Albert Einstein Essays

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Einstein the Quote Any Man Who Has Essay

Words: 557 Length: 2 Pages Document Type: Essay Paper #: 80501265

Einstein

The quote any man who has never made a mistake has never tried anything new, Albert Einstein captures the essence of why many services providers including those in the medical profession set for mediocrity over continually pushing themselves for excellence. The many errors in the healthcare services industry can be attributed to outmoded, often very expensive processes that have lost touch with patients' needs (Kumar, Steinebach, 444).

Analysis of the Quote

In a paradoxical sense, the more pressure on the healthcare industry to change in terms of quality of care, with the pressure equally applied across physicians to care providers and healthcare maintenance organizations (HMO) the greater the resistance to change (Kumar, Steinebach, 444). Mediocrity within the healthcare industry is actively protected as a result, making innovation and risk-taking for consumers seen not as a revenue or cost advantage, but a cost drain and risk to profitability (Wright, 205). The mistakes of physicians and doctors are tolerated because the healthcare industry knows that to fix the underlying processes causing the issues, the potential exists of profitability being adversely impacted.

(Haeusler, 13). Medical practice providers aren't making any mistakes, or very few, because they know if they try something new they could completely disrupt the value chains and business models they have developed over time (Wright, 205). Mediocre performance is easier to manage and predict the costs of relative to pushing the envelope of service over time and risking increased complications to transactions and healthcare reimbursements.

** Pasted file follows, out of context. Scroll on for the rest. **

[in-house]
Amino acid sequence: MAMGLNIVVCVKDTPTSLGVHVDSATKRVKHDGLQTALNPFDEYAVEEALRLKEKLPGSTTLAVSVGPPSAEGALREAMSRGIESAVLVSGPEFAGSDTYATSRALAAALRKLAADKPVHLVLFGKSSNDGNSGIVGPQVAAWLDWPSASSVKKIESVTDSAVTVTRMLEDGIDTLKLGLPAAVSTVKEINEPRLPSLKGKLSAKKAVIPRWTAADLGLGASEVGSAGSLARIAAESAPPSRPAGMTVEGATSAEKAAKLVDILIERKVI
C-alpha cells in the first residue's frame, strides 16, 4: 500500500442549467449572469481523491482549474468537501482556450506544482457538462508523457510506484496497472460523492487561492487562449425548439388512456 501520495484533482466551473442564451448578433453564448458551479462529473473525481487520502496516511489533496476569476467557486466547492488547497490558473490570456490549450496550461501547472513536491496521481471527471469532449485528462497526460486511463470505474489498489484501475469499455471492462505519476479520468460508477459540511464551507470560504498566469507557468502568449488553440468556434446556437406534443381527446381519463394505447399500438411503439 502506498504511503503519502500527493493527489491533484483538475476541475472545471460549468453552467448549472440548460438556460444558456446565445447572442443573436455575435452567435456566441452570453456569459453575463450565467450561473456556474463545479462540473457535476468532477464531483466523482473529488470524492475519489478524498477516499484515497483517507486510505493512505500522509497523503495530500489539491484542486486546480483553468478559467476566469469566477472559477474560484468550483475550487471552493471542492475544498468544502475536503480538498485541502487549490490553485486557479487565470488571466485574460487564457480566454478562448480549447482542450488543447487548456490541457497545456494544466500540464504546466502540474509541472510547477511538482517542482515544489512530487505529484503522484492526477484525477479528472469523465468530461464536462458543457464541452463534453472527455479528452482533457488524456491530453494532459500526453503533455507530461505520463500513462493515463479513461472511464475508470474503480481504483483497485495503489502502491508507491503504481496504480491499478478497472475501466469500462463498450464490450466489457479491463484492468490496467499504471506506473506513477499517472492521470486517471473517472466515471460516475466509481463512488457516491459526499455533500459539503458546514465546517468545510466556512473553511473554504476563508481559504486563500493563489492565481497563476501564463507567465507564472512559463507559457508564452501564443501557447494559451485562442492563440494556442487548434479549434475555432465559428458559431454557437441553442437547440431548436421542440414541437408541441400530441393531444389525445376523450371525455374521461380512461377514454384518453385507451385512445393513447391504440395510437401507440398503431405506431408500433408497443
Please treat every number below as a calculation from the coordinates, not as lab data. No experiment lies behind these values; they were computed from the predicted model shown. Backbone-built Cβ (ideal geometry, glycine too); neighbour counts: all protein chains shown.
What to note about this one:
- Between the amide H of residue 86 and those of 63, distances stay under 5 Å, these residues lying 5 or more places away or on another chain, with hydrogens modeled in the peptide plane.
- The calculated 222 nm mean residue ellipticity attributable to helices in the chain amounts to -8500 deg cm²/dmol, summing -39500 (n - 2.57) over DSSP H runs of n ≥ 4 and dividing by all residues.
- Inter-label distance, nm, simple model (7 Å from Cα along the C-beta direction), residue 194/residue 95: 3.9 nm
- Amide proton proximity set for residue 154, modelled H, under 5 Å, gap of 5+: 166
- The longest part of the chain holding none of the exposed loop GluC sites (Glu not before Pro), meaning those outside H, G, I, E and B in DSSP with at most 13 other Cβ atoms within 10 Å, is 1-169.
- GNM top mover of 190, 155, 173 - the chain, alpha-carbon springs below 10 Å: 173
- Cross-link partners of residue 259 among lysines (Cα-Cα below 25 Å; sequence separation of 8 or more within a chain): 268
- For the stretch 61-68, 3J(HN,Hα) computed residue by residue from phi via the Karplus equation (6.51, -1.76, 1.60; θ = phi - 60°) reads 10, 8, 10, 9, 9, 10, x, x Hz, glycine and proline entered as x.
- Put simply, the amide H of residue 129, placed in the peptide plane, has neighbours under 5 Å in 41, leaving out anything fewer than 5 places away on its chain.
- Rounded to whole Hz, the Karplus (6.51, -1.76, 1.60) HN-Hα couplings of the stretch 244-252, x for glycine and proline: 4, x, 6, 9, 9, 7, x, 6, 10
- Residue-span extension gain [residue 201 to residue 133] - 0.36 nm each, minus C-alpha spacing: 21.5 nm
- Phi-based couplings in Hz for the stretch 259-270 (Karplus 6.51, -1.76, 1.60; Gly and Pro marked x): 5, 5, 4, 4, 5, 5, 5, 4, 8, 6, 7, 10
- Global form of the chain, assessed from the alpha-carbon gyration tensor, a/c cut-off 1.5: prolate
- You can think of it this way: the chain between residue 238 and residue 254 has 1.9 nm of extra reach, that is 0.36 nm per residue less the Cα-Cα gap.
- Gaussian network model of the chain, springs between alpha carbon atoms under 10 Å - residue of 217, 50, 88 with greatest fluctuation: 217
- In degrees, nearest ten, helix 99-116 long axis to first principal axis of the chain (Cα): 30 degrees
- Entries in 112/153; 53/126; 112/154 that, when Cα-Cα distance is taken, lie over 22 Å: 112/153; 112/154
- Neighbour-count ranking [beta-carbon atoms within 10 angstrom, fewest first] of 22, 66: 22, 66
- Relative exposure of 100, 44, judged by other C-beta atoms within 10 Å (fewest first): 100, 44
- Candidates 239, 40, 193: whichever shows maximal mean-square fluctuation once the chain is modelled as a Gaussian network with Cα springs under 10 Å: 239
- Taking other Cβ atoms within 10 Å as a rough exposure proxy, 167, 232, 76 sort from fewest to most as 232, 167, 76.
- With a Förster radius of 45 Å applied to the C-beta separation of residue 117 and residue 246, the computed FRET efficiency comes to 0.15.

The lack of initiative and tolerance for risk in the healthcare industry is very low as a result. Malpractice insurance, costs of litigation and the high costs of maintaining healthcare insurance on…… [Read More]

Bibliography:
Sameer Kumar, and Marc Steinebach. "Eliminating U.S. hospital medical errors. " International Journal of Health Care Quality Assurance 21.5 (2008): 444.

Haeusler, J.. "Medicine Needs Adaptive Leadership. " Physician Executive 36.2 (2010): 12-15.
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Einsrin's Dreams by Alan Lightman Essay

Words: 793 Length: 2 Pages Document Type: Essay Paper #: 75458238

Einstein's Dreams

Alan Lightman's novel Einstein's Dreams presents various notions about time that apparently came to Albert Einstein in his dreams. Lightman calls his work a novel, although that characterization can be argued. Novels feature characters. Action takes place, usually through a sequence of events. Lightman's prose is more like thought than a story. He makes interesting and provocative declarations about the way things are. He poses questions of his readers, designed to make them think. Einstein's Dreams is a unique work of fiction and enjoyable to read, but it lacks all the elements that typically are found in novels.